When acquiring the initial filament for my school I purchased several varieties. At the end I was a few dollars short so swapped two of the rolls for a slightly cheaper PLA plastic filament. This was $20/kilo as opposed to the $25/kilo.


Big mistake.

Not a tragic mistake, just a big one.

I initially used the cheaper PLA for my prints to get the hang of printing, and eventually switched over to the higher quality plastic. What a huge difference I noticed in the prints! Everything came out a lot smoother and most consistent.

The other issue I had was filament breaking. This would occur even with the filament environment controlled. (See the Troubleshooting page under “General Information & Suggestions”) Over one reel of filament there were over a half dozen failed prints. The filament would break, but the printer would continue running, leaving the print only partially completed. What a waste. Lesson learned.

Image from Creative Tools on Flickr under labeled for reuse.
TinkerCAD is Amazing!

TinkerCAD is Amazing!

We just got through a week of vacation at my school, but let me backtrack a bit.

Just before February vacation one of my coworkers approached me with a broken paper cutter. The assemblies that held the blade for cutting kept breaking and she had gone through several. “Is there any way you could, by chance, make a replacement on the 3D printer?”

Hesitantly I said I hope so, but not to expect much! I hadn’t made any significant 3D designs on my own since some undergraduate coursework, and the piece had several specific features and measurements to make. It had to safely hold the razor and allow another piece of plastic clip on then screw on for safety. What’s more, there are two feet that have to bend when pressure is applied. With only about an hour’s experience with TinkerCAD under my belt, I set to work!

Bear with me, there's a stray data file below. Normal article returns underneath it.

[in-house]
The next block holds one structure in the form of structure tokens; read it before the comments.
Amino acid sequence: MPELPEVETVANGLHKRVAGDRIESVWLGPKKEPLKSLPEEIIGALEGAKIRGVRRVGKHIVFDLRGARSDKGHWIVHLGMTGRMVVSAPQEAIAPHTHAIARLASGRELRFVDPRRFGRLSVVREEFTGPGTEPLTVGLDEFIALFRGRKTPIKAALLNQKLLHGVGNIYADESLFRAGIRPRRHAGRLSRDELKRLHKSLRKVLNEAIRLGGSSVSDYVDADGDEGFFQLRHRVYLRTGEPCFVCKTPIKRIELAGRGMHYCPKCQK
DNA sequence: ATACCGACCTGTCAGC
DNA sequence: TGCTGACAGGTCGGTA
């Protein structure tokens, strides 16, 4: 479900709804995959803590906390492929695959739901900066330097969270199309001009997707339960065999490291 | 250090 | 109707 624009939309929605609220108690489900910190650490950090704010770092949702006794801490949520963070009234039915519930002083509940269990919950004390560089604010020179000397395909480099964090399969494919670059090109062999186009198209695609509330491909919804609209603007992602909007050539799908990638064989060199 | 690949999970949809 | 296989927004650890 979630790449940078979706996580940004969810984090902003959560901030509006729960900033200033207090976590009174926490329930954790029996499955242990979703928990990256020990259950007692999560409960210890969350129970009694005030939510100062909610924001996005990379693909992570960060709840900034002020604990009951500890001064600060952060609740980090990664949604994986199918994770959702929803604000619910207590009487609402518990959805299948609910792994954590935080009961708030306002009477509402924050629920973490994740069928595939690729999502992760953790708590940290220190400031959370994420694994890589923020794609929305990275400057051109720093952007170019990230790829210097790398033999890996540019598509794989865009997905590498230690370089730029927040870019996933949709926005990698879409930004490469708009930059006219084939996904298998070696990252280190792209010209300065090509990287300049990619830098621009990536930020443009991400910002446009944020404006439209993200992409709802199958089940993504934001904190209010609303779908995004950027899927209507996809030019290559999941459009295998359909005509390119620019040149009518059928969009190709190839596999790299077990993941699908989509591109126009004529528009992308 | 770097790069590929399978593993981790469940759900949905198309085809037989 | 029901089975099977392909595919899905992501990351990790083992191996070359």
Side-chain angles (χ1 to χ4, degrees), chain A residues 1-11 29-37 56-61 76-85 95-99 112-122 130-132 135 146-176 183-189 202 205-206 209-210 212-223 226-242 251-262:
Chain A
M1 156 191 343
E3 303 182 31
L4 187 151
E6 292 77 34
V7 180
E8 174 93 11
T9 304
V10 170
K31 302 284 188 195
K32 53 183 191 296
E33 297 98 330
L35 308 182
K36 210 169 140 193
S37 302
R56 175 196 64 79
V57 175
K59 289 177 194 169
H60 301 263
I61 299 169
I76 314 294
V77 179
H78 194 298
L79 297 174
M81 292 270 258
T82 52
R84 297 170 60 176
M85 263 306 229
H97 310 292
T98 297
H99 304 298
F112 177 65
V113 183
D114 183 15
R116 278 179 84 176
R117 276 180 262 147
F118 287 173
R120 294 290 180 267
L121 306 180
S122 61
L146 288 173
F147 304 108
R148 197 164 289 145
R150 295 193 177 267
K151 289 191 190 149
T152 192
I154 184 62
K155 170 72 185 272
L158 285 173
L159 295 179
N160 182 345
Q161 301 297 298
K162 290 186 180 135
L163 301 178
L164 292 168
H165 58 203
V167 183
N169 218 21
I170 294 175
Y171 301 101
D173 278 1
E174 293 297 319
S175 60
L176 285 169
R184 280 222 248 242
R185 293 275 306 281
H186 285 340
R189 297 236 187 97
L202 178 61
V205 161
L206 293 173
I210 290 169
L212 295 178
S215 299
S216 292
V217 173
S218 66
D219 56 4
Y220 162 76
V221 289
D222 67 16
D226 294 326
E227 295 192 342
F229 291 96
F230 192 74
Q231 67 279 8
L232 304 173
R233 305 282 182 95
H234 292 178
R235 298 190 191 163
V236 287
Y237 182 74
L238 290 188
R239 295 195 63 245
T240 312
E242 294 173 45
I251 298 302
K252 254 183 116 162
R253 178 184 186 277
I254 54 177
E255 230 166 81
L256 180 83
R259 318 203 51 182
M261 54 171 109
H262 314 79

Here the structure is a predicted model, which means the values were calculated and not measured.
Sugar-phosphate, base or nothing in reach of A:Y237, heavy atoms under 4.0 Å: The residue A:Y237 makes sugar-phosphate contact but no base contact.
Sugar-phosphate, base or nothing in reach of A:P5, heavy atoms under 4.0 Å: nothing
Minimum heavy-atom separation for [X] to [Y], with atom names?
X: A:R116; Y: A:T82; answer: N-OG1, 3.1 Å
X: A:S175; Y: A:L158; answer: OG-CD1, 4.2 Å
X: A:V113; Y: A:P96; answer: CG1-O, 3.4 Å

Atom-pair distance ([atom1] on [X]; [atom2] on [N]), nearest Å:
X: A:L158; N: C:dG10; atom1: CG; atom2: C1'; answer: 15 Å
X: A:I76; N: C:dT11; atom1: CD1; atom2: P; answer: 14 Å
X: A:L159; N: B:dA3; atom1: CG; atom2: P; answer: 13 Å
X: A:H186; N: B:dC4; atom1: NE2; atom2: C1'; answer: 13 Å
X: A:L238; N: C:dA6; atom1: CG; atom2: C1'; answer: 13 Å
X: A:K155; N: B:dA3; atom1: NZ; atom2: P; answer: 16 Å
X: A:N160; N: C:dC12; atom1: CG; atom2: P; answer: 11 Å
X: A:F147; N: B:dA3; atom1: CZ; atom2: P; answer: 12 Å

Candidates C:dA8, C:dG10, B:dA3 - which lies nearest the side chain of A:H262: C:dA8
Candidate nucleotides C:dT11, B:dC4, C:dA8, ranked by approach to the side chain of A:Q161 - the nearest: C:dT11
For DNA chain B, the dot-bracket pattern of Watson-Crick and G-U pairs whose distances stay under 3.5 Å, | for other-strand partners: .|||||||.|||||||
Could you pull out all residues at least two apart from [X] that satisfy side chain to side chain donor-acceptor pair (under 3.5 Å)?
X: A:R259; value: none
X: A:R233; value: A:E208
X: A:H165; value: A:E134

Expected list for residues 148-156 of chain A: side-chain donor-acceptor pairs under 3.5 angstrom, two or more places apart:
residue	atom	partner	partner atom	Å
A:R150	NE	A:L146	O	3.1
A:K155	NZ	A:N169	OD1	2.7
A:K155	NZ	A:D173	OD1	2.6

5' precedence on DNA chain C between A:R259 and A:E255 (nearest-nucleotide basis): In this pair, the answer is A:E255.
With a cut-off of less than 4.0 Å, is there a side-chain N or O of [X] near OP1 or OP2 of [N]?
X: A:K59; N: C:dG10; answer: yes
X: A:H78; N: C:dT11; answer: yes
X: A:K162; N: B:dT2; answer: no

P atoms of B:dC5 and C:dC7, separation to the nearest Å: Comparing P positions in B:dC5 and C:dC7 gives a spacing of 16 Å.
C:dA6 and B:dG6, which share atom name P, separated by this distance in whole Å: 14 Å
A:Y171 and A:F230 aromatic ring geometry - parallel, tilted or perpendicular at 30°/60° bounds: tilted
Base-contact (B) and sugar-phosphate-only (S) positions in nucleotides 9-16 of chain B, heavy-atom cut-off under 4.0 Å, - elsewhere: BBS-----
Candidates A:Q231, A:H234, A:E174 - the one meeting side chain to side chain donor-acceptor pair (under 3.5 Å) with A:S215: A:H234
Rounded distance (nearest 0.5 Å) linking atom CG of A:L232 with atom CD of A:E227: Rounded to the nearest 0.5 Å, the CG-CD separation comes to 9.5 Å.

3 hours later I had the design for a working prototype. 1 hour to print then 15 more minutes of corrections and I had the design for the final print. Meet the Spectacular Ambertis!  (TinkerCAD auto-names your files some funky gibberish)


Compared with other software, TinkerCAD is phenomenally easy to use! It is all about shape manipulation. You can enter new dimensions for your shapes to resize them. Drag two together and “Group”: voila they’ve been merged!

The craziest thing is I didn’t realize they had an “Align” feature to help center your objects until I was 90% through making the design. For a first effort, it didn’t come out half bad.

Now, my suggestion for anyone interested in TinkerCAD is to find an angular object, simple but not too simple, and spend an hour clicking around trying to replicate it. A stick of Chapstick, bad idea since it’s just a cylinder! A wrench or pencil, now you’re talking! It might seem overwhelming at first but start simple… yet big.

What is the most basic and predominant feature of the object? Can you replicate that? What would be the #2 feature, and can you add that? Keep at it and even if your design doesn’t come through you’ll have learned a lot on TinkerCAD’s functions to succeed next time. When in doubt, you can always look to YouTube for tutorials to get you started.

Site’s Alive!

Site’s Alive!

Hello and welcome to my 3D printing website & blog. My name is Eli D. Clemmer and I am a Library Media Specialist in New Hampshire. I recently acquired a 3D printer through a grant for my school library. I learned a lot along the way, and found lots of valuable resources. It has been a wild ride and I have immensely enjoyed working with fellow staff, implementing 3D prints with their lesson plans.

I have built this site with the aid of my wife, Amanda, to help guide others through this exciting journey. The site still has more improvements and additional content in the works.

I hope to hear from you and also hope you enjoy the website!

-Eli (The 3D Librarian)